Woolworths Slumps as Key Sales Measure Falls at Record Pace

  • Supermarket chain sees first-half earnings below A$1 billion
  • Shares slump the most since February in Sydney trading

Woolworths Ltd. said its key measure of sales in the first quarter fell at the fastest rate in records dating back to at least 2005, as Australia’s largest supermarket chain discounted produce to fend off competition from Aldi and Coles. The shares slumped.

The stock fell 8.5 percent at 11:30 a.m. in Sydney, the sharpest decline since Woolworths cut its full-year profit forecast in February. Sales from Australian food and liquor stores open at least 12 months slipped 1 percent in the 14 weeks to Oct. 4, the company said in a statement Thursday. Net income in the first half of 2016 will fall as much as 35 percent to A$900 million ($639 million) to A$1 billion before one-time items, it said.

Chief Executive Officer Grant O’Brien, who has yet to be replaced after announcing his retirement in June following a “disappointing” performance, faces battles on multiple fronts as competitors undermine the company’s supermarkets business, its Big W stores suffer from weakness in Australia’s department store sector, and its Masters home improvement outlets struggle to compete with Wesfarmers Ltd.-owned market leader Bunnings. The Sydney-based company said it spent A$100 million on discounts during the quarter to lower prices for food and liquor customers.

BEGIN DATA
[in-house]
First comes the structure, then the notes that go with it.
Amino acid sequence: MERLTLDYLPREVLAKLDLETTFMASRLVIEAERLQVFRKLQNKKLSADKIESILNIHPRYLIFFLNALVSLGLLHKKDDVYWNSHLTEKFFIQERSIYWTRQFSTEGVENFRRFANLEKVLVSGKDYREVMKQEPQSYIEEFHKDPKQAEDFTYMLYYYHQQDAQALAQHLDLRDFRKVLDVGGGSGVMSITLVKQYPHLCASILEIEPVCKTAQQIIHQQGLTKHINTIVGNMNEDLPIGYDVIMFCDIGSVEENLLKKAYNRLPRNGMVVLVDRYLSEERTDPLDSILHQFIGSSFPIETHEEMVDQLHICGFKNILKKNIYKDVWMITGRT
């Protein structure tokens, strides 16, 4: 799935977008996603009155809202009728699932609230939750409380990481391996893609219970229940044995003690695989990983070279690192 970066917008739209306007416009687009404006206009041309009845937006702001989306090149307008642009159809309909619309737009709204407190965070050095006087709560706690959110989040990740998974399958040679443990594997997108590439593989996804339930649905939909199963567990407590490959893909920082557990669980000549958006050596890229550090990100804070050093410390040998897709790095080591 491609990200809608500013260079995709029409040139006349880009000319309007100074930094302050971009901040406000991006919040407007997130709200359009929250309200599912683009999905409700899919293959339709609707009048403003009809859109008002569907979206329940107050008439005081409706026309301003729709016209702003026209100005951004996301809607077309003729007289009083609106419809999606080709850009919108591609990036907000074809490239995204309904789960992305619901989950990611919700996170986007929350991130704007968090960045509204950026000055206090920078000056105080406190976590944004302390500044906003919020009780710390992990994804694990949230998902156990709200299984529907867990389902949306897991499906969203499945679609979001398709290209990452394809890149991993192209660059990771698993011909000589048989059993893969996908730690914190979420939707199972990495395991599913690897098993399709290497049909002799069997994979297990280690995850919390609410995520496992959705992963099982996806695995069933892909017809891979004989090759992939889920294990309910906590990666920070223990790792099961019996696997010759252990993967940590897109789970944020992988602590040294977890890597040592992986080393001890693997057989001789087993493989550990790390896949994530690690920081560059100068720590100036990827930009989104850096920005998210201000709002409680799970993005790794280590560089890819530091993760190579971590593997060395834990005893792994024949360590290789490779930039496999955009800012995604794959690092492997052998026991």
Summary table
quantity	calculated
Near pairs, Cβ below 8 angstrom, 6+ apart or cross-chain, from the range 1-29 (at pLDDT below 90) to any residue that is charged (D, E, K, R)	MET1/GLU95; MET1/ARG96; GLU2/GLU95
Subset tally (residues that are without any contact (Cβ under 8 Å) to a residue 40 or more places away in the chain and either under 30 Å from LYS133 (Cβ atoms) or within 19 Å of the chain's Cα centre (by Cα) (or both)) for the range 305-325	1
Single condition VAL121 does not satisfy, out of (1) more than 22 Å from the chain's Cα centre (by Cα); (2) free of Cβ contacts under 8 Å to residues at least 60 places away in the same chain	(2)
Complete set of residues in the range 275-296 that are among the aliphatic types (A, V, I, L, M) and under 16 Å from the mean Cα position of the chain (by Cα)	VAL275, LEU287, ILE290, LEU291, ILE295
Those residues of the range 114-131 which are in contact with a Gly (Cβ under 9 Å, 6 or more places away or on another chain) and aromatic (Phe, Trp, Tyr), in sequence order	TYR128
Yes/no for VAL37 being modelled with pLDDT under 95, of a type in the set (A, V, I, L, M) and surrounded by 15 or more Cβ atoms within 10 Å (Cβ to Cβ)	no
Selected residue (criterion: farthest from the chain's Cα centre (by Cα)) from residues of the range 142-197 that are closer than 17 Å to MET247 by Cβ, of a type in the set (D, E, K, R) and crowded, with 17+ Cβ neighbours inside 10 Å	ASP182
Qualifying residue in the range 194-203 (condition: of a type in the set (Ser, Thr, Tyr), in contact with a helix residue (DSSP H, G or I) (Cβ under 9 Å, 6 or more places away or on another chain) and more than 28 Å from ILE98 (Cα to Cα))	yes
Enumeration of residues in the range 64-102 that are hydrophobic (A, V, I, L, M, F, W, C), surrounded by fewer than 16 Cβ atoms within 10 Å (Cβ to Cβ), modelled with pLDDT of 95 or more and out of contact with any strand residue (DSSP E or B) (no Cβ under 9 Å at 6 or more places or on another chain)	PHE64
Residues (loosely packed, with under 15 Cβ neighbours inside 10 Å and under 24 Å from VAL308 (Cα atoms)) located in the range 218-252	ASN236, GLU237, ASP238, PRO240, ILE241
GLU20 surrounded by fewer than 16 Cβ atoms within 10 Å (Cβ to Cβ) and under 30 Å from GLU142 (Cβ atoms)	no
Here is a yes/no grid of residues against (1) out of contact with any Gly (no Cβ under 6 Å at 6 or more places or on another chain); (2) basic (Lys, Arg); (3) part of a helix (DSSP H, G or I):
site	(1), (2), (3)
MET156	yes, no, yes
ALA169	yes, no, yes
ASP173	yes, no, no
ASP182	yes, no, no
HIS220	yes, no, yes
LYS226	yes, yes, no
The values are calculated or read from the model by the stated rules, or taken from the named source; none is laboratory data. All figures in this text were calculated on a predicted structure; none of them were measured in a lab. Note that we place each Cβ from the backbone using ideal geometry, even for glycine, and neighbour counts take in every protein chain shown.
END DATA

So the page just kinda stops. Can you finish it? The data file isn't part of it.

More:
“It’s pretty disappointing on almost every metric; seeing a 1 percent drop in like-for-like sales is a huge negative,” Angus Nicholson, a market analyst at IG Ltd., said by phone from Melbourne. “The hands on the wheel have really slipped in guiding this company and I don’t think we’re necessarily at the bottom.”

After dropping 0.9 percent in July, sales from Woolworths’s Australian grocery stores open at least 12 months have now put in two consecutive quarters of declines. They had not previously fallen in 39 consecutive quarters since the September quarter of 2005. Comparable sales from Coles food and liquor stores, also owned by Wesfarmers, increased 3.6 percent in the most recent quarter, Wesfarmers said Oct. 22.

Australian supermarkets face pressure from slowing inflation while consumers have a poor perception of Woolworths’s produce quality, according to Bloomberg Intelligence.

Before it's here, it's on the Bloomberg Terminal.